ing a (5)________ selection of food definitely makes me feel (6)________ and happy! We hope these are some helpful hints; however they may not be sufficient for the support you need. If you need help coping, CAPS can help! CAPS is right here on campus to offer assistance for the many challenges faced by college students. To make an appointment with a counselor, you are welcome to call (321) 6748050 or walk in to the center. CAPS is located beside the Health Center, at the corner of Country Club Rd. and University Blvd.
CAPS is also offering three groups this semester. “Get in the Game” is for students who have social or communication challenges to learn and discuss how to cope with managing stress, build communication skills, and engage in perspective taking. “Real Relationships” is for students who may be looking to improve their interpersonal relationships. “Leave Me Stress-Less” is for anyone who is looking for new ways to reduce stress, with strategies, tips, and mindfulness techniques for anxiety reduction. Contact the center or visit CAPS’ website for further details.
The CAPS website (www.fit. edu/caps) offers more information about resources, services, groups, and events, as well as brief screenings for depression, anxiety, stress, eating disorders, and alcohol use. We realize it can be intimidating to ask for help, but we hope you reach out when you need us. CAPS is just one of many resources at Florida Tech that supports maintaining a happy and healthy you! We look forward to seeing you for our “Are You Adjusted (Back) To College Yet?” event on Sept. 17 at 7p.m. in 202 Evans Hall!
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7 -September 17, 2013
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Panther Footballâ€™s Inaugural Game in Photos All Photos by Efram Goldberg and aaron funk
Panthers going for the field goal.
The pep band and fans view the game from the stands.
Iranian students at the game.
Tevin Kirkland after the game.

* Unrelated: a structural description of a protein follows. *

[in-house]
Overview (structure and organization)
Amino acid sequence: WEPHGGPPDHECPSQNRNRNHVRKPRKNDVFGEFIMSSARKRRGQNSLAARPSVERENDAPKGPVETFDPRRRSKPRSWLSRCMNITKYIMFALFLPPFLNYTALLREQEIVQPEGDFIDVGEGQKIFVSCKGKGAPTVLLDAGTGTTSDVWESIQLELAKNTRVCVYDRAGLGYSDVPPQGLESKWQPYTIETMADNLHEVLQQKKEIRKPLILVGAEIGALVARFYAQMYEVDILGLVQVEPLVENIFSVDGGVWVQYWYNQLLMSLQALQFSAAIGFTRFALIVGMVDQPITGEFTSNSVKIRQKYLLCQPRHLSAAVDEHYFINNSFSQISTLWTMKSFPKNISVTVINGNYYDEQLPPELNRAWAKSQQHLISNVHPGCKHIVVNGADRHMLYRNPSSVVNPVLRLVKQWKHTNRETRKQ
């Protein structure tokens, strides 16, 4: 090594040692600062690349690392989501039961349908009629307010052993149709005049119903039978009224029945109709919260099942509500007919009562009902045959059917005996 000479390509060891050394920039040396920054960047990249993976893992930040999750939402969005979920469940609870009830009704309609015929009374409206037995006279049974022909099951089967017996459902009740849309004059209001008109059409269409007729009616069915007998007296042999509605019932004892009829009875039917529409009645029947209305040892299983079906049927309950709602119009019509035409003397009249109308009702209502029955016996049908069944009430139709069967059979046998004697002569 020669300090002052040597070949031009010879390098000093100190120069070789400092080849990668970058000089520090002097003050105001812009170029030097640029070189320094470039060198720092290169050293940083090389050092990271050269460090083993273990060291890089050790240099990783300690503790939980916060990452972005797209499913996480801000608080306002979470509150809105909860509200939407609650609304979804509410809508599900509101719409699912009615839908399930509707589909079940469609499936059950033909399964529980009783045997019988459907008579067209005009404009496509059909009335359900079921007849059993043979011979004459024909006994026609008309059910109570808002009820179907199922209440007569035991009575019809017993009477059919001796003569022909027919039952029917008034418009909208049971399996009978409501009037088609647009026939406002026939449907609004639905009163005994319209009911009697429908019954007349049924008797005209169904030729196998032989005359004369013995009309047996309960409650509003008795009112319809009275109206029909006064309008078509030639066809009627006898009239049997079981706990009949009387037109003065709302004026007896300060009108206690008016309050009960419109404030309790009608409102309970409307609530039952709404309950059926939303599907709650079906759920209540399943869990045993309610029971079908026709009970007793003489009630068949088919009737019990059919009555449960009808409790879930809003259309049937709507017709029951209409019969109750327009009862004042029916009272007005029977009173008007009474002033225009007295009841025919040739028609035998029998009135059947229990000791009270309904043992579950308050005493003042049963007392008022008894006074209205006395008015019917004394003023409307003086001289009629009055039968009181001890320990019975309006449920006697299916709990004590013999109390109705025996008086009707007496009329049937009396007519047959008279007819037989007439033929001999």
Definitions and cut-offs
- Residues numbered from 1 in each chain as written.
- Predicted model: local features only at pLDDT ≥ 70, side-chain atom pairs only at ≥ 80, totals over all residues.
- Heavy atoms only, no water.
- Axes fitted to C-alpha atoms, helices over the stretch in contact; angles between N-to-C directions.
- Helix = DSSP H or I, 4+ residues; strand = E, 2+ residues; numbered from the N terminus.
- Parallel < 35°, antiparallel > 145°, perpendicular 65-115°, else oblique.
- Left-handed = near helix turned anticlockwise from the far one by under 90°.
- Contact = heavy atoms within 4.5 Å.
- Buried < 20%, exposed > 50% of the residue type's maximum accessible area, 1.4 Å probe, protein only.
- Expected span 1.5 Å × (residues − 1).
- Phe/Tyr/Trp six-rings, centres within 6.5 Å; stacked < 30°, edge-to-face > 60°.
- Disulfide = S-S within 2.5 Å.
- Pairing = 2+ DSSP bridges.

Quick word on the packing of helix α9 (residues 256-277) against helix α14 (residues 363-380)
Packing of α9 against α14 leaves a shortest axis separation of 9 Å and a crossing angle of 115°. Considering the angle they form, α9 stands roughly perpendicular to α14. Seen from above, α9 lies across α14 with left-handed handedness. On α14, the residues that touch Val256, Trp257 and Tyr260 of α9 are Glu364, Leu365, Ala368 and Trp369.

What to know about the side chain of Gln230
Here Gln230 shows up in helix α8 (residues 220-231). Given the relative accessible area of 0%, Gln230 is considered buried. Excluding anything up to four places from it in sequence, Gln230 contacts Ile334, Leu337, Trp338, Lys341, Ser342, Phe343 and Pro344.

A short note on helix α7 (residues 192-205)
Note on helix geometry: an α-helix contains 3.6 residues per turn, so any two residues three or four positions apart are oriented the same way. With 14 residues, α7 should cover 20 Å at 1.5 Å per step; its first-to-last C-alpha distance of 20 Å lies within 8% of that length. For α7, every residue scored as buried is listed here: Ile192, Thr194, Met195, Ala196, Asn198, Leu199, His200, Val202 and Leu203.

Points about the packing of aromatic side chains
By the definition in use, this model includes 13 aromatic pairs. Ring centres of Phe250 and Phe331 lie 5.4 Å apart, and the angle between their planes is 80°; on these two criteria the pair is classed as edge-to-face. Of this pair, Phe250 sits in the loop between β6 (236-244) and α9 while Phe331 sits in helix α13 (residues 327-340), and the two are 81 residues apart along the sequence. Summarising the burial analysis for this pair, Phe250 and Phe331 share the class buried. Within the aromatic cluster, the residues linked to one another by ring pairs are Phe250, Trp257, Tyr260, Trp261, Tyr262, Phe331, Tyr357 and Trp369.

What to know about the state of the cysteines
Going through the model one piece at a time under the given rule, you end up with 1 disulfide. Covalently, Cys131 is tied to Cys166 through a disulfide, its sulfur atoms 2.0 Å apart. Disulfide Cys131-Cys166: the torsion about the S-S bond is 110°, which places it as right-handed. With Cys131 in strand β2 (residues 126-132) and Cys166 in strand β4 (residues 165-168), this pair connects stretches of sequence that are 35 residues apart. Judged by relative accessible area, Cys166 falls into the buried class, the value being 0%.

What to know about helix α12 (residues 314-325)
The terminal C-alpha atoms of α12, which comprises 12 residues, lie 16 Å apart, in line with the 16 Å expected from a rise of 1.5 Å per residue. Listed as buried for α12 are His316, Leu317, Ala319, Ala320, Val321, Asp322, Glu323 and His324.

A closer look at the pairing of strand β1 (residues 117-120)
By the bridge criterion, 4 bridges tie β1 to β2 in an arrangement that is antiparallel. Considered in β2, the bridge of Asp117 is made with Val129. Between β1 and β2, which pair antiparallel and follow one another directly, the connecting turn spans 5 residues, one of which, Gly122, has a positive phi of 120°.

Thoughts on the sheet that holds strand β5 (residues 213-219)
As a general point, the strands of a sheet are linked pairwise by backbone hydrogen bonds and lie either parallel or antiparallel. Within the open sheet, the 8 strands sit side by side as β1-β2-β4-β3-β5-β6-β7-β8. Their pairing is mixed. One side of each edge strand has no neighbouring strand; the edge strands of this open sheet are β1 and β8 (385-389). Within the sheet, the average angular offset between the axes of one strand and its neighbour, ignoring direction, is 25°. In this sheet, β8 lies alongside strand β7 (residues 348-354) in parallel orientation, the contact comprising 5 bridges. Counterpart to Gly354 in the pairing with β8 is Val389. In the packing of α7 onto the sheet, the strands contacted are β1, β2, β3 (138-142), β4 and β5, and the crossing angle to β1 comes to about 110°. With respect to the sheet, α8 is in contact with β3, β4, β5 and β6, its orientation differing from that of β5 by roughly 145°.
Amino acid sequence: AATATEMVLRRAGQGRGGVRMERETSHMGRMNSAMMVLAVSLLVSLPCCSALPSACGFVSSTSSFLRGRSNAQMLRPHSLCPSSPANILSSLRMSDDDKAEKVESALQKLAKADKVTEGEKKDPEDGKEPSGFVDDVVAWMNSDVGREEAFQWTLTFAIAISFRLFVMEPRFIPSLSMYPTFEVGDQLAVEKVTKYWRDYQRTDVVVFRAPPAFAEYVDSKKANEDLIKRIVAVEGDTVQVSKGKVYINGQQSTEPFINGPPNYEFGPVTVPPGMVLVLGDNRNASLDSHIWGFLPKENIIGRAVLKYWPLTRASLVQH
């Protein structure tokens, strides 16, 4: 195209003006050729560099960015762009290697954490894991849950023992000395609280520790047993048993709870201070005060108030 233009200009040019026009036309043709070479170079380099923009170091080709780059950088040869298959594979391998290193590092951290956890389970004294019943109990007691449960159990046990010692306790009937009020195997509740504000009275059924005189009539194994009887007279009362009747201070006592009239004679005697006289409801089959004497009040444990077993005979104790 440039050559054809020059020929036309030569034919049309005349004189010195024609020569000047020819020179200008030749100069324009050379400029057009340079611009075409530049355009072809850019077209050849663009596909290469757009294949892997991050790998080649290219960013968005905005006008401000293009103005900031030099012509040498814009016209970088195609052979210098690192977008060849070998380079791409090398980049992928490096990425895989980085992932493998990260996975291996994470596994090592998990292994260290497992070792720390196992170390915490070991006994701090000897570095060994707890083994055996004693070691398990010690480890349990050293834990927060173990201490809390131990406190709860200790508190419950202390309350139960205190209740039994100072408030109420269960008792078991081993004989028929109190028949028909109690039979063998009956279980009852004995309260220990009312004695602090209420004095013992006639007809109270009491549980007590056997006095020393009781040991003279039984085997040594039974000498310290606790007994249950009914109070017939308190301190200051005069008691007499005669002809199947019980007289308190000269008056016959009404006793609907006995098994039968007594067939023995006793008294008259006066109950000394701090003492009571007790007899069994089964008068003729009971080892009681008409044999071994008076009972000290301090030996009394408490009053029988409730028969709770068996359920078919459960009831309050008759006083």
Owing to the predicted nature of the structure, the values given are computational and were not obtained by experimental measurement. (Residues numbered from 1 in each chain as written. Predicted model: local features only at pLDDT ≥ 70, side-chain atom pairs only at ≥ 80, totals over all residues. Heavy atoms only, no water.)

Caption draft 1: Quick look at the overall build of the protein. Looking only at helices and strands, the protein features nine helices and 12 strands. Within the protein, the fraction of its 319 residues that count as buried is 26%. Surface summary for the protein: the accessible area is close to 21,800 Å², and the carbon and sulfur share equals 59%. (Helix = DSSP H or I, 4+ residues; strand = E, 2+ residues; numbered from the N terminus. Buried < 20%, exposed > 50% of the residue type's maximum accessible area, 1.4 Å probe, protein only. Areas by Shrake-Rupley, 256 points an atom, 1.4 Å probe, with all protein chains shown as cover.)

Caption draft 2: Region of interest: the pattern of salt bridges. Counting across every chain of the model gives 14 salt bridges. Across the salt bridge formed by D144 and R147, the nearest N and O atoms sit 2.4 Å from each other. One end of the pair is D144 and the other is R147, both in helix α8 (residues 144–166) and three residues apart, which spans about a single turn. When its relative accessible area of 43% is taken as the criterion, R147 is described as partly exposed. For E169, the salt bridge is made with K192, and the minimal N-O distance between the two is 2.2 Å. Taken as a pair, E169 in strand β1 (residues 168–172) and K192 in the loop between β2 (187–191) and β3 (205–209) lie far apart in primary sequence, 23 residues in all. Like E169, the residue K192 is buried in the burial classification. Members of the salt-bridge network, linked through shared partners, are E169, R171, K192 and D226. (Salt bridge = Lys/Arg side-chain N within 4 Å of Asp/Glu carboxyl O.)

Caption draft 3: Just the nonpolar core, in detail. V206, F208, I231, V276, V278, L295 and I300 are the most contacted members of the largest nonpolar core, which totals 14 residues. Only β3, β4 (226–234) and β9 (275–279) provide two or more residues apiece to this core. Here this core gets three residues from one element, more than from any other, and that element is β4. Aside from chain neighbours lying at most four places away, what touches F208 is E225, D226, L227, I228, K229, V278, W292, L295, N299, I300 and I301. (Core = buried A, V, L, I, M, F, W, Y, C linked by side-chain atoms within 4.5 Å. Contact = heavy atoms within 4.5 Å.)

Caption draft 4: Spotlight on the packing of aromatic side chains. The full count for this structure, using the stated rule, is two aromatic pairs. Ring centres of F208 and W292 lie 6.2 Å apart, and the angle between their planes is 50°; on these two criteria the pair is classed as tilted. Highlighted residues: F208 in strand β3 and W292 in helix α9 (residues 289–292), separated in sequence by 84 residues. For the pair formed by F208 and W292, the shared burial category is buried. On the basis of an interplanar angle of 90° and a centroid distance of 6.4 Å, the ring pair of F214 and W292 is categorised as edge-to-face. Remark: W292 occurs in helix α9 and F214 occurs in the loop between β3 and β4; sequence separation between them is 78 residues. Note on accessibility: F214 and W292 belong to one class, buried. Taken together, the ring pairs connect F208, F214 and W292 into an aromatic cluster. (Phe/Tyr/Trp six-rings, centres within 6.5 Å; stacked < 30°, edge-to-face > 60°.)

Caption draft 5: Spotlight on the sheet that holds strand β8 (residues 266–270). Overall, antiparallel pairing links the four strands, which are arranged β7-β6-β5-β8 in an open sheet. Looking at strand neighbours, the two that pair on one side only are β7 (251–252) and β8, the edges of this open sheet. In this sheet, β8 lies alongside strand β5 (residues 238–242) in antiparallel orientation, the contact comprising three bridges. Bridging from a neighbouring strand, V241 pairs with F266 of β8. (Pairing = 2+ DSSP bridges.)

Xavier Milton runs the ball.
Coach Englehart looks on.
Matt Nelson prepares for a rush.
Pirate Stadium before the game
Pregame coin toss.
Manny Abad recovers a fumble.
Visit crimson.fit.edu or facebook.com/FTCrimson for more photos.
SPORTS the Florida tech crimson
September 17, 2013
Panther football splits first two games Story continued from Page 1 only 13-6 midway through the fourth quarter. Ashley finally made the efforts of his defense teammates pay off however, tossing a 26yard strike into the end zone to receiver Xavier Milton for the first touchdown in school history with six minutes left in the ball game. The crowd, which had been in frenzy since kickoff, erupted as kicker Brion Ashley put the extra point through the uprights to tie the game. When they needed it most, Florida Tech’s defense came up big one more time, forcing a fumble on the first play of the ensuing Stetson drive and giving the Panthers the ball back with five minutes left. Head coach Steve Englehart put the weight of his football team on the back of running back Trevor Sand, who bowled his way through and around defenders as the offense moved methodically down the field. But it was an explosive 32-yard run by former SEC running back Jarvis Giles that put Ashley and the offense on the threeyard line a minute remaining, making the first game in Florida Tech football history the first win in Florida Tech football history. “I’ve been playing for a long time, man, and I don’t care how we get wins,” Englehart said to his team after the game. “It may not have been pretty and we have a lot of things to do to get better, but, defense, played your dang hearts off.” Such a fairy tale ending makes it hard to believe the same thing nearly happened a week later when Englehart and the Panthers rode their shocking upset all the way to Newberry, South Carolina to take on the New-
berry Wolves. It was much of the same story for the offense in Newberry as it was in Melbourne. While the two-quarterback system of Ashley and Vegs did manage to move the ball better in the early portions of the game, it was, for the most part, still ineffective. Luckily, the defense hadn’t changed much ether. Other than giving up a few big plays here and there, Arcune and the Panthers had another stellar outing, forcing four turnovers and giving the offense another chance at some fourth quarter magic. Down 19-23 will just a few minutes left to steal a victory, Englehart elected to play Vega on the game’s final drive, who responded by marching the Panthers down into the red zone before being sacked on a fourth down, effectively ending the game. “I don’t think there’s been very many times that I’ve been part of a game where we don’t turn the ball over, our defense gets four takeaways and scores a touchdown, and we lose,” Englehart said in a press release. “We need to simplify some things on offense and get back to basics. We had our chances. I know we were one play away from winning that football game. When you’re that close it stings.” The Panthers will have their work cut out for them this week as they return back home to face the Gulf Coast Conference Champion West Alabama Tigers in a game that will be nationally televised on the CBS Sports Network.